Commission Considers Shade by Mariners Park Bleachers

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Fishing Line Disposal Also Considered for Balboa Pier

The bleachers and field currently at Mariners Park.
— Photos courtesy city of Newport Beach

The Parks, Beaches and Recreation Commission will review a request from the Newport Harbor Baseball Association on Tuesday to install two permanent shade structures over spectator bleachers at Mariners Park Field.

The youth baseball nonprofit believes the shade structures will enhance the fan experience and be comparable to the shade enjoyed by the PONY baseball league that plays at Bonita Canyon, Association Jared Eisenberg wrote in a letter to city staff.

“We are excited for the shade project at Mariners Park to not only support the Newport Harbor Pony Youth Baseball league but the entire community,” Eisenberg wrote in a prepared statement. “This project will elevate the experience for families while enjoying watching their young athletes play baseball in a positive fun environment.”

The structures would include a 20-foot by 12-foot polyethylene fabric canopy fastened to a 10-foot-tall steel structure, according to a staff report.

The Association has agreed to foot the bill for the procurement, installation, storage, and repairs of the permanent shade structures, including related damage to park property, according to a staff report. It was not immediately clear Thursday how much the project will cost.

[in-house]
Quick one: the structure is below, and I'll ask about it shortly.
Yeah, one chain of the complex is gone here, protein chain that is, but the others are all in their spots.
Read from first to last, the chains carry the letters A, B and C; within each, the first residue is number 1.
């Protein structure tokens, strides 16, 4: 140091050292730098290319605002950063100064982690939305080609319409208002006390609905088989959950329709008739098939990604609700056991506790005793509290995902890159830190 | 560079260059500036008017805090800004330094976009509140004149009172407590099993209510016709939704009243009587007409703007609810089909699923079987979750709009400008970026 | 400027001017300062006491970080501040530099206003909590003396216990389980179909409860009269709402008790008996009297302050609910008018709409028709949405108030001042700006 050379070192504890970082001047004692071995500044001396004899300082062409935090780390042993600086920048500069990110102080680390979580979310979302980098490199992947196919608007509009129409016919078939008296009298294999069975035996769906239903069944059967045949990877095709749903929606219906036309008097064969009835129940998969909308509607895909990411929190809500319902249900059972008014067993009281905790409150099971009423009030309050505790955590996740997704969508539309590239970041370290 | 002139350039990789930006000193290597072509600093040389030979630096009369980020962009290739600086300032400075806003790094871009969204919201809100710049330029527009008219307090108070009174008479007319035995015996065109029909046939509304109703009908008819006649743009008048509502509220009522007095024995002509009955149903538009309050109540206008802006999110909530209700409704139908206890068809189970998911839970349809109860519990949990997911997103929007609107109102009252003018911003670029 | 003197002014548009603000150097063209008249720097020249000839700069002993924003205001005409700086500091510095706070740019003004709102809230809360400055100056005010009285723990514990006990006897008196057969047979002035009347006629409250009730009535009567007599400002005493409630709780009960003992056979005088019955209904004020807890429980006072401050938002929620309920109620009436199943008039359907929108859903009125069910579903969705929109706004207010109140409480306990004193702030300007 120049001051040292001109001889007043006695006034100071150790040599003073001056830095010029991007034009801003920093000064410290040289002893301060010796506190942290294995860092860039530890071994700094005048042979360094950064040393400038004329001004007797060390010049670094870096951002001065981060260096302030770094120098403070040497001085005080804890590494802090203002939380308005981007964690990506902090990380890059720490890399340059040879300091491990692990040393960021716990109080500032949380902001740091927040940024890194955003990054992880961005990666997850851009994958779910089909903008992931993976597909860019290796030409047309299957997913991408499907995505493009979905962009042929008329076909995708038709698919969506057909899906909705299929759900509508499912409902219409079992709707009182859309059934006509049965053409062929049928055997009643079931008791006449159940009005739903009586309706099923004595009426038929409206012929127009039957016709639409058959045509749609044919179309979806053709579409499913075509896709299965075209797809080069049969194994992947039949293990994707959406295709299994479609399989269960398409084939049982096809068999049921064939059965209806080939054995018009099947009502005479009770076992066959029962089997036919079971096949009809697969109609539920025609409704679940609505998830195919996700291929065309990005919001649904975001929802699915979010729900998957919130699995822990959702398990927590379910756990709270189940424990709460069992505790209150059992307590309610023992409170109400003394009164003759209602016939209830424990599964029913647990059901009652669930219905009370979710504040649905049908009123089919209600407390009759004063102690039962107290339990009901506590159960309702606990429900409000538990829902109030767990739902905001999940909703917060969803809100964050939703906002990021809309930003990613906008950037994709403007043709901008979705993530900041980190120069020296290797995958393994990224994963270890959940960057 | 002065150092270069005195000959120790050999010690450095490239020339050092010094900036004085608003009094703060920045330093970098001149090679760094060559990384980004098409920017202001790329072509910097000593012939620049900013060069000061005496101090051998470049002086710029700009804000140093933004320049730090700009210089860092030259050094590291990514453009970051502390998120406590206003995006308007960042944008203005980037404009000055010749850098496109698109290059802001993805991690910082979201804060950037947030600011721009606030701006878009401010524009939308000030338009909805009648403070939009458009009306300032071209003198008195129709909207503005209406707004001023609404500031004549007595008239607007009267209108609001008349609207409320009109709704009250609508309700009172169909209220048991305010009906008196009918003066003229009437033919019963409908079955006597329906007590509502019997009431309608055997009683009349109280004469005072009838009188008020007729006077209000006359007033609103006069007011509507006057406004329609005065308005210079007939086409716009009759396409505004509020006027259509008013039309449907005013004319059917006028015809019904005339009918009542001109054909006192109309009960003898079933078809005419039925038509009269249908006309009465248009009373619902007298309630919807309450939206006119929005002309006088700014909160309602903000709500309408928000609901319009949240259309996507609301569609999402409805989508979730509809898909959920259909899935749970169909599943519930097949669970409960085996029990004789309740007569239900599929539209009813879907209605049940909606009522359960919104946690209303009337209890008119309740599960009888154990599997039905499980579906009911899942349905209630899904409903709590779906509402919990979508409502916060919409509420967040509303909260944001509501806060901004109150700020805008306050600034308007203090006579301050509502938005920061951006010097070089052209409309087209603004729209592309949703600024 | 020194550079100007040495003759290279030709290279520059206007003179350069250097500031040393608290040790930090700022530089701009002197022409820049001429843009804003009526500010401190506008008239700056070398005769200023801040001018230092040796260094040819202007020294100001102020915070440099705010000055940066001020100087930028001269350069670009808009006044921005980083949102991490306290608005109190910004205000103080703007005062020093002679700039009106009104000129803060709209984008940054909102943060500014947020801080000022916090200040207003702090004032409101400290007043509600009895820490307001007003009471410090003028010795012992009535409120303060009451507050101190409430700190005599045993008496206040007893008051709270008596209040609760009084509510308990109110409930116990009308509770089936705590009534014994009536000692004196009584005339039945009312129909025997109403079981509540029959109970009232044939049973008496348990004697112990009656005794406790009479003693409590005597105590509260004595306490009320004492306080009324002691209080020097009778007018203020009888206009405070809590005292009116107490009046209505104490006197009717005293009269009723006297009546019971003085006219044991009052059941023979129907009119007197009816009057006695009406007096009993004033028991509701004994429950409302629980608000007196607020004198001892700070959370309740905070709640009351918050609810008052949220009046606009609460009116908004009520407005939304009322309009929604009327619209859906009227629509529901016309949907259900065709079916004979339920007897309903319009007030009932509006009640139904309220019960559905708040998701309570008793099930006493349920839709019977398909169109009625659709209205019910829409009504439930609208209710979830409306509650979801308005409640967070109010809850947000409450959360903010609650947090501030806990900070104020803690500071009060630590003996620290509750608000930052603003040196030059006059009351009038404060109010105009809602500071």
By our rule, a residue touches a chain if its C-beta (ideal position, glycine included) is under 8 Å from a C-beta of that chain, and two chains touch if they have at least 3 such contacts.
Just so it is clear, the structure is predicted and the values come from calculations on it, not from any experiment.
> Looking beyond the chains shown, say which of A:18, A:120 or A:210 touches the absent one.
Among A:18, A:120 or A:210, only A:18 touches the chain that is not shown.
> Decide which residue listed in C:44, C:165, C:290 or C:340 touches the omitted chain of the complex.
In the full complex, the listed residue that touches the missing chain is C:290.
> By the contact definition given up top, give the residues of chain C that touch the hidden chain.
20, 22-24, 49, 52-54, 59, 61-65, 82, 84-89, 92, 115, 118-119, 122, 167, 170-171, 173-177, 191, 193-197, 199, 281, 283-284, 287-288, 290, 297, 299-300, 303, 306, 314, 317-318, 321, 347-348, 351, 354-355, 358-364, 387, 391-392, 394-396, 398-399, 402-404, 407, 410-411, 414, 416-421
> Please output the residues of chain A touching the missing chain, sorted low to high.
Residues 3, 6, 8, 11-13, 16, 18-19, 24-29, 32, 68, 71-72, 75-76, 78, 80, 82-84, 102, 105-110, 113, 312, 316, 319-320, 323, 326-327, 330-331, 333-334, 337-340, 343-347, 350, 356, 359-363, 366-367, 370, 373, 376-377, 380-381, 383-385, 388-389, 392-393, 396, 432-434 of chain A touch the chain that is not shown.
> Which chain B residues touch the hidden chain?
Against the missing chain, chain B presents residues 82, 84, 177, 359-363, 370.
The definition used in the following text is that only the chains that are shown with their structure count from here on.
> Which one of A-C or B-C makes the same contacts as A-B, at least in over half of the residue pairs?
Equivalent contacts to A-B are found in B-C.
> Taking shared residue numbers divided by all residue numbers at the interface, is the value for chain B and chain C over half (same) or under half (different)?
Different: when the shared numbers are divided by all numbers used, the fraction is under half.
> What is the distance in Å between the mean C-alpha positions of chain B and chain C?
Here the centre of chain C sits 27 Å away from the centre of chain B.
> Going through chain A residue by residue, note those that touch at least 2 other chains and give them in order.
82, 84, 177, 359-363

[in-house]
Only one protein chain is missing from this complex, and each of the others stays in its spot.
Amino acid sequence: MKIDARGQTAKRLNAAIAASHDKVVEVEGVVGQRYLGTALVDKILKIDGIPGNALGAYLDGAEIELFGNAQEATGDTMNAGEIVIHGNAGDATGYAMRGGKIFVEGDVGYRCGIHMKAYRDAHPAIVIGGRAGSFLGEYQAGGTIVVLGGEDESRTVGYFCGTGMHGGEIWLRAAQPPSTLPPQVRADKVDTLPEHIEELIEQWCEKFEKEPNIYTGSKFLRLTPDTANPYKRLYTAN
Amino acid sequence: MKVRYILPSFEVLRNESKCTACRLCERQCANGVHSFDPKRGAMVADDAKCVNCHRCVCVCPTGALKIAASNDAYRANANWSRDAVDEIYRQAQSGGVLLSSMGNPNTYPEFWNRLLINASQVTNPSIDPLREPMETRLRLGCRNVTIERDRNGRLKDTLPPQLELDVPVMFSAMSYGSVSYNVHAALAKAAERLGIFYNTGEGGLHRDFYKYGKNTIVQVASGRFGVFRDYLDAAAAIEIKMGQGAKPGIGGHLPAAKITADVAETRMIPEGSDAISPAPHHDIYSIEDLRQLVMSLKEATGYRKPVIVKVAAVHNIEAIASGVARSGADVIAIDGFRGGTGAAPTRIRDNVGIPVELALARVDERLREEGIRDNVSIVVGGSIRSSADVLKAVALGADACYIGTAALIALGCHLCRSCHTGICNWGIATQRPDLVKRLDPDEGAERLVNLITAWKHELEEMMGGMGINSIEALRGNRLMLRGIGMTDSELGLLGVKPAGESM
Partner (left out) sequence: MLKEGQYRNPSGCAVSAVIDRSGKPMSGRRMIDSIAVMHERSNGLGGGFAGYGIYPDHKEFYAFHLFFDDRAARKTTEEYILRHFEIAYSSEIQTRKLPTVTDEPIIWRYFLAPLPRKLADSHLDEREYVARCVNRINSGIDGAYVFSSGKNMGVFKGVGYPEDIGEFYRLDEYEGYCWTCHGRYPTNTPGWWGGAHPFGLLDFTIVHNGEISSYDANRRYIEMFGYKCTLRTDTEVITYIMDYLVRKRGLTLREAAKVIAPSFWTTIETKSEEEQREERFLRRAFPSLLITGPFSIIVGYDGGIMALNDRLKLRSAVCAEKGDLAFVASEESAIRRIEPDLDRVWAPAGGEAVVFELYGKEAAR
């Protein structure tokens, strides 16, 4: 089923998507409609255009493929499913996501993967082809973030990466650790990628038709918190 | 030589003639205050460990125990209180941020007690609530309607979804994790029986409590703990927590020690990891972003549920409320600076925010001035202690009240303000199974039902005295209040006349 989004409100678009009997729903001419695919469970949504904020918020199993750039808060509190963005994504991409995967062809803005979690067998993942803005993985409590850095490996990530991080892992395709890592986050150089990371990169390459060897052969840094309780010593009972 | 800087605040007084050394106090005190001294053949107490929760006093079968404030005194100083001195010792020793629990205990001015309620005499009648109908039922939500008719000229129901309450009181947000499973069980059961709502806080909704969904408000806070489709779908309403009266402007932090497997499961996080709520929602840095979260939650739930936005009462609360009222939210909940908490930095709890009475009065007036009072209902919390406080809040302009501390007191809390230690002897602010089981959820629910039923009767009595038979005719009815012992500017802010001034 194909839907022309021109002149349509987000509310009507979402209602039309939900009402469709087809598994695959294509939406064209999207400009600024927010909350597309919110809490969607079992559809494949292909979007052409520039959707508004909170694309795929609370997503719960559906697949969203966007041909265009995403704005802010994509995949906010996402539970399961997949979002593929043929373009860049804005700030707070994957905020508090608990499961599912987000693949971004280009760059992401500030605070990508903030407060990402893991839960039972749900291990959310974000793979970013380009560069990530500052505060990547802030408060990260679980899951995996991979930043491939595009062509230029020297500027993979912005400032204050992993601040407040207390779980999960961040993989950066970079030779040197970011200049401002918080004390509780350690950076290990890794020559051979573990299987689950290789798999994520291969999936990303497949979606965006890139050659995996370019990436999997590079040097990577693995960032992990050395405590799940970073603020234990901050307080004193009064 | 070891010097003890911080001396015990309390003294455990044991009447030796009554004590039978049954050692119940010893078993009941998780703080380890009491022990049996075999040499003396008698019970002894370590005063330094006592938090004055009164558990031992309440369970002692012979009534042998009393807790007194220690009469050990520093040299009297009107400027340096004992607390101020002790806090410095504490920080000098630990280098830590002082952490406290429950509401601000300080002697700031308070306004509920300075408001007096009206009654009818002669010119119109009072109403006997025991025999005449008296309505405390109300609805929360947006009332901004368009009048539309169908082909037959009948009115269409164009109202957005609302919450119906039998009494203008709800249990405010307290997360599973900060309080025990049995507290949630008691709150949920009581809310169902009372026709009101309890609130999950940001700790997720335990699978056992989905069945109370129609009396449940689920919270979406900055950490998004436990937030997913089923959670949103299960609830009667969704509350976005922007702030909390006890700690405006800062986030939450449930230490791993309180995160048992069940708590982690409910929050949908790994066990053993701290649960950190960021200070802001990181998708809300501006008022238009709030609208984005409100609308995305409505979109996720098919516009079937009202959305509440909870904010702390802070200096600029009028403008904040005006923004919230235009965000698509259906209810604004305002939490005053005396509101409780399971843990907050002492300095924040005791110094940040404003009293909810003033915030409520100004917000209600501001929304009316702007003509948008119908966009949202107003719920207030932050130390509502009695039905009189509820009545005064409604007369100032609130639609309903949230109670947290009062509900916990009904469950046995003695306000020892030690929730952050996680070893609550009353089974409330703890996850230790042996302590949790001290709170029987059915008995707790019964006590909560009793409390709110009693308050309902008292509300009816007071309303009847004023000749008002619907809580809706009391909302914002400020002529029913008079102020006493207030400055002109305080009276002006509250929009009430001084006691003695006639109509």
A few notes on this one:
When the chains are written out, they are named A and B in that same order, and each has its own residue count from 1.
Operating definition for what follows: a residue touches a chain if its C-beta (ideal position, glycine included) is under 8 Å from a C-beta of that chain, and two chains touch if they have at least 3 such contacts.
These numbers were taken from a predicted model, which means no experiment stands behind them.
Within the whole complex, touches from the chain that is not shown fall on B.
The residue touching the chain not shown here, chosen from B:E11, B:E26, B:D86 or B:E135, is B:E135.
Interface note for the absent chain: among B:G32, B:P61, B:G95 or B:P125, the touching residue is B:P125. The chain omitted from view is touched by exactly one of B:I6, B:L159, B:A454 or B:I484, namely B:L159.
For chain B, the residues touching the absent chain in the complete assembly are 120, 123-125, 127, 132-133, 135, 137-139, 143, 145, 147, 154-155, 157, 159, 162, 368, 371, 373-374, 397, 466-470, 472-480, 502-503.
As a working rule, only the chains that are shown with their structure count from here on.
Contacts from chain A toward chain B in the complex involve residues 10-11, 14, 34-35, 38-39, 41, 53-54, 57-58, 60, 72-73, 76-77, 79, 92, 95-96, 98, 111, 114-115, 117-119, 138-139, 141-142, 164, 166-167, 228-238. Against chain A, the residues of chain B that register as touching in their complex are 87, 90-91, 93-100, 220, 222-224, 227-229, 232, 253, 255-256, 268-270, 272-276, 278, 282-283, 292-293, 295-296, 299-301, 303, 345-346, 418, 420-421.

On Tuesday, the PB&R will also discuss a proposal from Newport Landing and Davey’s Locker Whale Watching & Sportfishing to sponsor, construct, and maintain at least five microfilament fishing line recycling containers on the Balboa Pier for at least three years.

The program’s goal is to keep wildlife, beaches, and piers clean and safe from improperly disposed of fishing line. Fishing line isn’t biodegradable and can remain in the environment for over 600 years, Davey’s Locker marine education programs manager Jessica Roame wrote in a letter to city staff.

“It can entangle and kill wildlife, and cause boat damage,” Roame wrote. “Even when we dispose the line in trash bins, it still goes into the landfill which creates the same hazards for wildlife, unless it’s cut into smaller pieces. One solution to this problem is to have recycling containers available to fishermen to properly discard their used line.”

The proposal is to erect at least five, 3-foot-tall by 6-inch-wide fishing line containers, along with signage, at approved fishing locations on the Balboa Pier. City employees will install the containers and volunteers will check the containers weekly for recycling content and inspect monthly for long-term maintenance.

Signage on the containers would contain Davey’s Locker and Newport Landing Logos and potentially the official city seal. Roame’s contact information would also be displayed for public comments and questions.

Microfilament discarded in the Balboa Pier’s containers will be collected and shipped to the Berkley Conservation Institute for recycling. The Institute was developed by fishing tackle manufacturer Pure Fishing, Inc. to support conservation and angler recruitment efforts, according to its website.

The California State Parks Division of Boating and Waterways and the California Coastal Commission’s Boating Clean and Green program, and the BoatUS Foundation have already placed containers at many locations throughout the state.

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